ASIC's for Medical & Telemetry
The imagination is the only limit in conceiving novel devices with wireless sensing and actuation. From RFID tags to implanted pressure sensors, these devices already have a profound effect on our lives. To leap from our heads into reality, however, these new devices require more than just imagination. They involve the marriage of interdisciplinary skills, with medical, sensor and actuator technologies on one side, and packaging and telemetry (electronic powering, processing and communication) on the other. Moreover remote devices place stringent goals on the cost, size, performance and power consumption, which usually demand integration in an ASIC. HMT provide the ASIC design, telemetry and packaging skills in this partnership, and as a company we are uniquely positioned to work efficiently with diverse customers to enable them to rapidly realise novel devices.
Calibration and identification
Sensors need to be accurate, but tolerance in sensor manufacture and stresses in packaging lead to unavoidable variability, requiring calibration to meet device specifications. Additionally, in telemetry and medical applications it is usually important to be able to identify remote devices uniquely. Non-volatile memory cells serve both calibration and identification. EEPROM cells allow reprogramming, whereas One Time Programmable memory (OTP) cells are tamper proof by definition, and offer lower production costs and smaller areas for small bit counts. The processing technologies which we use provide these types of memory onchip, allowing the overall chip count to be reduced, and reducing the total silicon area as only the number of bits required are actually integrated. Moreover, the access speed is improved and the memory contents are protected from outside access.
Inductive loops are used to power a remote device. Depending on the separation, this generates magnetic fields of widely variable strength in the receiving coil. Devices have to cope with the variation in available power,
providing efficient collection when supplies are scarce, and self-protection when it is over abundant. Devices are often supplied with marginal power, but must behave predictably even in this situation. Power management strategies, such as ensuring sufficient stored energy is available before starting an operation, are key to reliable functionality. The sensing and analogue functions of the device must be insensitive to the applied field, coupled spikes, noise and over-voltages on the power supply. HMT prides itself on specialist design knowledge for this difficult envrionment.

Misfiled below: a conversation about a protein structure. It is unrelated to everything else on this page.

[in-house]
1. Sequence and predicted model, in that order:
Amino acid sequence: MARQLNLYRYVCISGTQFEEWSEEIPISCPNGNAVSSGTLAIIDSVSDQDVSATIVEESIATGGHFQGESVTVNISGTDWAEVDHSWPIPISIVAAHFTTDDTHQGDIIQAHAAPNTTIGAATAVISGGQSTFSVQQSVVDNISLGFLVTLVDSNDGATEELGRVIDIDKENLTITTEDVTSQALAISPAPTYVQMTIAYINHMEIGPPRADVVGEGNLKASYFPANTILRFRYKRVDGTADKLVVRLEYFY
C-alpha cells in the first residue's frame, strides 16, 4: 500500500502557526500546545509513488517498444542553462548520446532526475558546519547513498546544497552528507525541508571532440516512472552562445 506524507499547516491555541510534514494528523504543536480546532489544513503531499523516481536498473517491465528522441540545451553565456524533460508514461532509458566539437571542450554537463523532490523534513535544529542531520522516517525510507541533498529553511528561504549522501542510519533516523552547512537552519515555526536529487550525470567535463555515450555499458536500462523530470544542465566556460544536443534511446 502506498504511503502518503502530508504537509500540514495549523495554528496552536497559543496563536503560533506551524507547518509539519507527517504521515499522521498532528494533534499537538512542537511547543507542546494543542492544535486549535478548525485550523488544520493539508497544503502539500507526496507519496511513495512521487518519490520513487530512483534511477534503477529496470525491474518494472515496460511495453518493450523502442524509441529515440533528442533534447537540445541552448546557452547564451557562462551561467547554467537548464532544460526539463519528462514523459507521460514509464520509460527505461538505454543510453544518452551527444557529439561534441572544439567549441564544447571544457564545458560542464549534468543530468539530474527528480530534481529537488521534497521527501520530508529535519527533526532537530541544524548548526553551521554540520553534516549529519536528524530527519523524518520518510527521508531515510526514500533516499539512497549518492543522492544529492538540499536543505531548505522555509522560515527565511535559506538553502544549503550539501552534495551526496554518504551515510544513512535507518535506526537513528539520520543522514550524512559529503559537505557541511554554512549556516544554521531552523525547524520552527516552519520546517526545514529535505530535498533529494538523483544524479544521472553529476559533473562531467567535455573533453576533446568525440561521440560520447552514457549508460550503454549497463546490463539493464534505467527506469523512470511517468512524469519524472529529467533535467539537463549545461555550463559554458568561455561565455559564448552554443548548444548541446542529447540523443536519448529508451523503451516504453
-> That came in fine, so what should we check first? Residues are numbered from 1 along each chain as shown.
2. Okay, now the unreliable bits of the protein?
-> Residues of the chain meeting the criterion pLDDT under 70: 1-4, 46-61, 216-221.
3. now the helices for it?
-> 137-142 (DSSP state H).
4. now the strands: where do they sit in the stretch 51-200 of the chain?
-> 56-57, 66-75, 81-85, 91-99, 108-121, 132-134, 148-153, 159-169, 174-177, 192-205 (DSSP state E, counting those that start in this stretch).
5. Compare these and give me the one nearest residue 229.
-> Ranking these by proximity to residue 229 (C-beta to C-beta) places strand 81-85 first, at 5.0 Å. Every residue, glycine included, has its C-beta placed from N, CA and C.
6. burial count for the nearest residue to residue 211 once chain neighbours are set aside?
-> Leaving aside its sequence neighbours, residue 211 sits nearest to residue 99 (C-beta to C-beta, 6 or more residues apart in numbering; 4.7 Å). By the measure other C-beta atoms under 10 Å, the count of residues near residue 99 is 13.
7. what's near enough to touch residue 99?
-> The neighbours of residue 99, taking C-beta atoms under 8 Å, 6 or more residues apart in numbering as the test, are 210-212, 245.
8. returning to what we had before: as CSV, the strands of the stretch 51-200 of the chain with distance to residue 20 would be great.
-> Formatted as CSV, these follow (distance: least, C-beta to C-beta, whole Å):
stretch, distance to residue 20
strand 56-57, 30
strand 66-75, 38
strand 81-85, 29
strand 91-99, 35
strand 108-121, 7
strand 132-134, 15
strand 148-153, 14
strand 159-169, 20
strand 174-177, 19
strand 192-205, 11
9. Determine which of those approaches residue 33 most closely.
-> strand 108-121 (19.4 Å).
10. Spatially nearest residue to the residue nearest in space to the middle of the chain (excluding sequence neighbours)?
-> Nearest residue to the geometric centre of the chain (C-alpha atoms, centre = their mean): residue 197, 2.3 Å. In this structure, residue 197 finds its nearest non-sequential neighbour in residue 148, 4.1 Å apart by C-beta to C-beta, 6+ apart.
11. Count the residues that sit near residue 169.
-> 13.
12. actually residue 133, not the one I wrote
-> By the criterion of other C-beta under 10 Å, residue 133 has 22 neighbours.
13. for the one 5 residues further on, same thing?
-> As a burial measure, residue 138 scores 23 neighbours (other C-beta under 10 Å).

When power is a precious resource, either with remote powering or with long term battery operation, design techniques must be applied to conserve it. This is nothing new to the watch industry, for which Switzerland is famous, and HMT taps the skills of designers who have honed their techniques in this field.
Short range data transmission must optimise the use of the available power, be reliable, and inexpensive. It goes almost without saying that this requires specialised techniques. HMT’s experience across a range of different products allows us to rapidly find the right solution for each application.
The key points include:
- a single coil for both power and (potentially biderectional) data transfer requires intelligent switching and isolation of blocks.
- HF techniques for modulation and demodulation with wide signal dynamic range require specialist ASIC design capability and appropriate silicon technologies.
- clock generation, calibration & extraction with non-quartz solutions are used to reduce cost and reduce start-up time.
- packet preparation, authentication, error correction and signal processing require a space and power optimised digital core designed specifically for each application.
For miniature devices, an extra degree of control is required in the packaging. This is particularly true for biomedical implants which must also meet stringent biocompatability requirements. Within the HiDensity group, we are able to offer custom packaging and test:
- flip-chip packaging including chip-on-chip achieves the minimum dimensions. This is facilitated by in-house chip bumping.
- custom lead-frames including multi-chip modules and packaging directly with discretes, leads to complete systems within the chip package.